Casino Gambling

January 24, 2011 by  
Filed under Blogs, Hot Button / Lynn Ashby

By Lynn Ashby                                                            24 January 2010

The Size of Taxes

If you like magic, visit our state capitol and see what the Legislature can do with smoke and mirrors. The lawmakers have to fill a budget gap of between $17 billion and $25 billion to run Texas over the next two years. (The next proposed biennium’s budget is $156.4 billion.) But the Republican majority has promised a balanced budget with no new taxes.

This means cutting the budget — Texas already ranks 50th, dead last, in per capita state spending – or finding new revenues. Gov. Rick Perry says the projected $9.4 billion Rainy Day Fund will not be touched until water reaches the top of Yao Ming or the peak of the capitol dome, whichever comes first. The GOPers can increase college tuition, raise fees on car plates, fishing licenses and polluting smokestacks (forget that one), or boost the franchise fee on tattoo parlors and confessional booths.

None of these increases would be called “taxes,” but one lawmaker is introducing a bill to call fees exactly what they are: taxes. That’s a good idea. I am tired of politicians saying that they lived up to their pledge not to raise taxes when, in fact, they did, by any other name.

Timing is everything, so into this conundrum rides an old acquaintance: casino gaming (or, just as “fees” are really “taxes,” “gaming” is actually “gambling.”) Proponents of these games acknowledge that they have a chance of finally succeeding only because Texas is in dire economic straits. Our legislators are pulling out sofa pillows looking for loose change. They’re returning the empties, and are considering coin-operated spittoons. Hello, Mister Chips.

The gamblers have their work cut out, but this ain’t their first rodeo. In session after session, various types of gaming have been proposed – and have been shot down. The last effort was in 2007 when casino supporters promised to funnel some of the money to fund college scholarships for more than 200,000 high school graduates. Didn’t work. Now one group wants to put slots at the 13 tracks and three Indian reservations. This, it is argued, would generate $1 billion a year for Texas’ treasury. A more aggressive plan is to open up four to eight Las Vegas-style casinos around Texas.

This last plan is very specific: Three casinos would be in the largest counties — Harris, Bexar and Dallas — and at least one other would be in a coastal town. I have long thought a casino is the perfect, and perhaps the only, solution for what to do with the Astrodome. As for the unnamed costal town, Galveston has always been a fun sort of island, at low tide, so building casinos along the beaches is a (excuse the cliché) no-brainer. But Corpus Christi or Padre Island could also be a site.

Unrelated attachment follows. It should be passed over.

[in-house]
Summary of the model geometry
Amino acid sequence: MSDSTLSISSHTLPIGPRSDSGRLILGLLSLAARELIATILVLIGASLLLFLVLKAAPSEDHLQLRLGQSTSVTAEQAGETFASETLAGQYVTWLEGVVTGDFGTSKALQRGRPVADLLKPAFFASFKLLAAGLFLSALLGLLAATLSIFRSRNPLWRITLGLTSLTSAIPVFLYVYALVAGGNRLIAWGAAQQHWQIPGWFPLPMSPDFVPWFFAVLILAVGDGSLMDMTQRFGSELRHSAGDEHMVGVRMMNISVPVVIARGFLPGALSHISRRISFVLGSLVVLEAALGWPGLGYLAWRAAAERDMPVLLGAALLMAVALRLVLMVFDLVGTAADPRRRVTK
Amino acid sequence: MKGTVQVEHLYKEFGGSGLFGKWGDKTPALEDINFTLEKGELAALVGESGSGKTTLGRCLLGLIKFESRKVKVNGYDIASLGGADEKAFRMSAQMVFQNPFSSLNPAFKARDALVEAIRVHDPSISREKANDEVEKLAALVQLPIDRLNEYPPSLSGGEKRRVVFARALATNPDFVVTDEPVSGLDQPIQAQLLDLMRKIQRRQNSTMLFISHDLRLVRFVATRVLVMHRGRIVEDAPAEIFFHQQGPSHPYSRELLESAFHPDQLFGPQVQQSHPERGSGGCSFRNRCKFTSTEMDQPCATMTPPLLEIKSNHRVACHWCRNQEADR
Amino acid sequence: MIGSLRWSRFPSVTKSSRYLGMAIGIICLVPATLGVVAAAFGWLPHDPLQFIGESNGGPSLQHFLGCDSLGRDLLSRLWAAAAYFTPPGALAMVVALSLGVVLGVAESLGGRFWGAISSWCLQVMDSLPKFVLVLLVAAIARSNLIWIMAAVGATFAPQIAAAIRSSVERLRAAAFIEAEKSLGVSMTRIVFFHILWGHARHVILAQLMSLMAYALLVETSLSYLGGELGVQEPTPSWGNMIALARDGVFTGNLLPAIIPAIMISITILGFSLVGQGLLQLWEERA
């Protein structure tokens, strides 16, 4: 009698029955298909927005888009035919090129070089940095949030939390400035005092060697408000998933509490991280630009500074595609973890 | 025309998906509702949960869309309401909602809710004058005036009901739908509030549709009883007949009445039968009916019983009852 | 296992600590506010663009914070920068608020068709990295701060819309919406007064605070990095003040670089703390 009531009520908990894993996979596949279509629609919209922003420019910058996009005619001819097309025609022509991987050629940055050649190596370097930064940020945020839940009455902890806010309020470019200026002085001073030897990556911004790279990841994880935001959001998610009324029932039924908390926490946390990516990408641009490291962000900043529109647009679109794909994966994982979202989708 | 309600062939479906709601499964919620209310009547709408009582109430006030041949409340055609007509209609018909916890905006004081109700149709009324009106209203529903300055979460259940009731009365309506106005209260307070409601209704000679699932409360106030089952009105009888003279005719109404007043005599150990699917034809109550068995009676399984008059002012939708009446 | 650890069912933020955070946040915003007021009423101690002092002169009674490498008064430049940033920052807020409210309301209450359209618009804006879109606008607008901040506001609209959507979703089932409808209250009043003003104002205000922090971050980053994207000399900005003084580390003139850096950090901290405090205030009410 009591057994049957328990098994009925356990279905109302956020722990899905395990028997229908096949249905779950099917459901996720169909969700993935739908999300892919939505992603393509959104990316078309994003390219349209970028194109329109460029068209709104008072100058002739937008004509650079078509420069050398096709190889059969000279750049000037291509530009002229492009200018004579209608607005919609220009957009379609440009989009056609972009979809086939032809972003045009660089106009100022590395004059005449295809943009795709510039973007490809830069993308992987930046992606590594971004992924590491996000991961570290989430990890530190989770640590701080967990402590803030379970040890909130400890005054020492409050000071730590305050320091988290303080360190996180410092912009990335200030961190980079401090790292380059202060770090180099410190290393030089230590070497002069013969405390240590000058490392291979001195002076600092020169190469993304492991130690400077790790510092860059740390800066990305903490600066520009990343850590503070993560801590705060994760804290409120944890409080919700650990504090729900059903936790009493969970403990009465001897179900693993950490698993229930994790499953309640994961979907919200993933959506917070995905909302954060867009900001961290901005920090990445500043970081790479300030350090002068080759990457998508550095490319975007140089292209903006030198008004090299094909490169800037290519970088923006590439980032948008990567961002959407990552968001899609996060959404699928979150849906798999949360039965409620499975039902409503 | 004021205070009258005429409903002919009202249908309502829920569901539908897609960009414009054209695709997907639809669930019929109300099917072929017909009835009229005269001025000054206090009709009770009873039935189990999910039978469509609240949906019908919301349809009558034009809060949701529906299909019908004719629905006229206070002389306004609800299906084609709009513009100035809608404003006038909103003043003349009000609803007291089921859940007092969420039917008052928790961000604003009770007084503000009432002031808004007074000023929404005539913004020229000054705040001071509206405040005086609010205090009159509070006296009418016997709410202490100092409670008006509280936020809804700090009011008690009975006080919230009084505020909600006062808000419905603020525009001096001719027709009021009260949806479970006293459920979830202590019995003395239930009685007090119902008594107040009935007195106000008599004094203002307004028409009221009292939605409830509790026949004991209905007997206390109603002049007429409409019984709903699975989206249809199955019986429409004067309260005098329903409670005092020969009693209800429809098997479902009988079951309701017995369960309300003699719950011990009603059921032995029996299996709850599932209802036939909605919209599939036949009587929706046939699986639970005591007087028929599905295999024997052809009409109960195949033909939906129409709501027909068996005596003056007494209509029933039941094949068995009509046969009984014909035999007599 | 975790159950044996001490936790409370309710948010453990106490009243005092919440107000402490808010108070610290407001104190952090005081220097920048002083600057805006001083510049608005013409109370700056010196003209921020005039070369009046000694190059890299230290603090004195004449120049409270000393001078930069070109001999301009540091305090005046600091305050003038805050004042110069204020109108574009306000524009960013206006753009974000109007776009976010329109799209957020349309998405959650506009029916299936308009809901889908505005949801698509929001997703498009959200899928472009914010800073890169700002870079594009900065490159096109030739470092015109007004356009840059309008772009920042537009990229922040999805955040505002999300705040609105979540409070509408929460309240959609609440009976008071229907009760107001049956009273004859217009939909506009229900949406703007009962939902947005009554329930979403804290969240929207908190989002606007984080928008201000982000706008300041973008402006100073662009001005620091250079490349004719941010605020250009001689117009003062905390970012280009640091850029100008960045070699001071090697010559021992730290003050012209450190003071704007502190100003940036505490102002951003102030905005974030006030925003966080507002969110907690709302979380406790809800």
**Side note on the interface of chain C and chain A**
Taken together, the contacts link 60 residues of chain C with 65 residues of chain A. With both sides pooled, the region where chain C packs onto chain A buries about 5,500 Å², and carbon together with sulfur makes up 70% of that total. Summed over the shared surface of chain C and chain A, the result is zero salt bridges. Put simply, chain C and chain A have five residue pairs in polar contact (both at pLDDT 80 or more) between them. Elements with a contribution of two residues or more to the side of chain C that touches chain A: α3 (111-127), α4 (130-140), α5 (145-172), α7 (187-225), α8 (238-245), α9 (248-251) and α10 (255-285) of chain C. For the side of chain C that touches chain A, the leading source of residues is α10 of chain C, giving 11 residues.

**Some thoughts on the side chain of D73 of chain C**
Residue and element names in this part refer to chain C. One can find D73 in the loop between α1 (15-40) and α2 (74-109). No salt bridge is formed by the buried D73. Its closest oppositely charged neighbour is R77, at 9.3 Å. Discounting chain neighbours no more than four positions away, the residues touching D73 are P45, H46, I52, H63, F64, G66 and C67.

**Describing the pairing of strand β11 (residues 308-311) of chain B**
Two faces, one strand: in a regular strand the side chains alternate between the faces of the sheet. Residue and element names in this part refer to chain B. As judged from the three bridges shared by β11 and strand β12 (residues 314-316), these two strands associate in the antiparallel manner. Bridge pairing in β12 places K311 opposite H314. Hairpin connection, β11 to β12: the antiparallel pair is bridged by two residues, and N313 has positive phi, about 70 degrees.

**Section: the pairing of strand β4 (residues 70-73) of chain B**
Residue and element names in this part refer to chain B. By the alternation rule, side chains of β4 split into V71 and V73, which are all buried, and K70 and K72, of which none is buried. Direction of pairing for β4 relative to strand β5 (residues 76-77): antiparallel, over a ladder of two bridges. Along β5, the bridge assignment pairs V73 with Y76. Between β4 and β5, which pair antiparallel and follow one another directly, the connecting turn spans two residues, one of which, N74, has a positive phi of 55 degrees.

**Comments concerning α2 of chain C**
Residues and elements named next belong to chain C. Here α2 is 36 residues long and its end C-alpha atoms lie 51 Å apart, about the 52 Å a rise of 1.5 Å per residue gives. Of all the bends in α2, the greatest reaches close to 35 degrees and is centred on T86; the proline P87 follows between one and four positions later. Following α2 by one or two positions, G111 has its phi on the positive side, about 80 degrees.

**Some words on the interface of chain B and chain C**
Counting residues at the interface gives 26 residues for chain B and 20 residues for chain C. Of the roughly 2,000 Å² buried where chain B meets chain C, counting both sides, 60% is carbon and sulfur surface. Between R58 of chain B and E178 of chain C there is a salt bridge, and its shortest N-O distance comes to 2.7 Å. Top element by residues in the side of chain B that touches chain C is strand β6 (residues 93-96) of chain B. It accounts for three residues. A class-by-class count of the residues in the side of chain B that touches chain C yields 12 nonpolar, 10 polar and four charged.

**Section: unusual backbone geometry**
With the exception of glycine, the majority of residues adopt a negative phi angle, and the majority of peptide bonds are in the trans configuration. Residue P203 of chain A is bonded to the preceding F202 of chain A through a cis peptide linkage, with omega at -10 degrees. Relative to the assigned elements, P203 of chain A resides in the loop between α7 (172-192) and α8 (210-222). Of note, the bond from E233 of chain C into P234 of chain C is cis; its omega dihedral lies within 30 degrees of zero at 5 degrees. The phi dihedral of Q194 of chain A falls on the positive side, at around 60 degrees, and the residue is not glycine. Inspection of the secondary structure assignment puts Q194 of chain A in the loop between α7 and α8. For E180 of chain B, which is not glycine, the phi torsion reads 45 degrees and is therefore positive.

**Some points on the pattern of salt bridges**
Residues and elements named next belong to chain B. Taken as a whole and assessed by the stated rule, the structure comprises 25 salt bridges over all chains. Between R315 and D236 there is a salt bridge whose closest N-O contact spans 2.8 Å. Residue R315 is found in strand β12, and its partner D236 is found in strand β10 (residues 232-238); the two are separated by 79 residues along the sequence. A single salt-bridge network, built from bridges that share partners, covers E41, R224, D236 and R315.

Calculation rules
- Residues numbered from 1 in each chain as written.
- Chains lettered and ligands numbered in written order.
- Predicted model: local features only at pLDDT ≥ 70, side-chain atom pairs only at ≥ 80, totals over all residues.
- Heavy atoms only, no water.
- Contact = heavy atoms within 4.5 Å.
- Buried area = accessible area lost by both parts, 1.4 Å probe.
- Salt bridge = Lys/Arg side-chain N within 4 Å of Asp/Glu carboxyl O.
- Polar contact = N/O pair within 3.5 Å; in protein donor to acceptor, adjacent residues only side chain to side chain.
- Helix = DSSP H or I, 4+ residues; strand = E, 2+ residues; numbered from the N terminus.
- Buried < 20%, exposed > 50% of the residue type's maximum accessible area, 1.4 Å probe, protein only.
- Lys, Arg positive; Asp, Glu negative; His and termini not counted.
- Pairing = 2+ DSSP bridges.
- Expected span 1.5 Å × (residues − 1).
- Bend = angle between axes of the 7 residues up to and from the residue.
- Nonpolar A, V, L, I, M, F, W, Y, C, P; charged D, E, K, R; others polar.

We must now consider Texas’ race tracks, which are in deep financial trouble. Their owners say that if the race sites don’t get slots at the least, the operations may go under. It’s not just a Texas problem. Wagering on U.S. horse races fell by 7.3 percent in 2010 to $11.4 billion, the lowest since 1995. Race wagers have fallen annually since reaching a record in 2003 of $15.2 billion.

But remember that the horse-and-hound track owners received permission to build their tracks in the 1980s by promising the industry would generate tons of cash for the state. A few years later the track owners went to the Legislature saying business was worse than promised. They asked that the state’s cut be lowered so the owners could keep more of the take. This happened more than once. Alas, the bountiful harvest from the race tracks never came about, so anything promised or proposed by the horsey-doggie set must be met with skepticism.

Right now, Texans can’t gamble. Actually, we do gamble a lot (or a Lotto). We already have the state operated Lotto, scratch-offs, Texas Two-Step and other such games. We also have bingo parlors, dog races, pari-mutuel horse racing plus televised races from all over to bet on, and the biggest gamble of all, breathing in Galena Park. We also gamble at the closest roulette wheel, which means out of state. If you took out a map of Texas, then put a poker chip at every casino surrounding it, you would see, uh, Texas is surrounded by casinos.

It is estimated by Win For Texas, a pro-gaming outfit, that Texans spend some $2 billion annually at racetracks and casinos in surrounding states. That’s low-balling it. Check any parking lot at any next-to-Texas casino and I’ll bet 80 to 90 percent of the license plates read “Texas.” When Indians opened a bunch of casinos just north of the Red River, it hurt casinos in Louisiana. They are all drawing from the Metroplex, and, no, they don’t play Oklahoma Hold ‘Em.

Thus far we’ve have only been discussing nearby sin sites. You can’t walk across a casino floor in Las Vegas without bumping into a fellow traveler from the Lone Star State. Indeed, there is even a house of cards in Vegas called “Texas.”

We shall probably not see a vote on expanding gambling, but this may not be bad. Otherwise we would be subjected to a barrage of: headlines: “Odds Are Poor for Gambling,” “Casino Vote is Horse Race,” “Gambling Outcome is a Roll of the Dice” and “Slots O’ Luck.”

Finally, a point to ponder: a recent poll commissioned by all the major newspapers in the state found that 60 percent of Texans desire more games of chance. This could mean anything from slots at race tracks to full-fledged casinos, but the supporters would be glad for any crumb the Legislators toss. However, two-thirds of both houses of the Legislature would have to approve expanded gambling – fat chance — then the voters must approve. Come to think of it, maybe we won’t need more gambling to balance the budget — if the lawmakers can tax smoke and mirrors.

Ashby deals at

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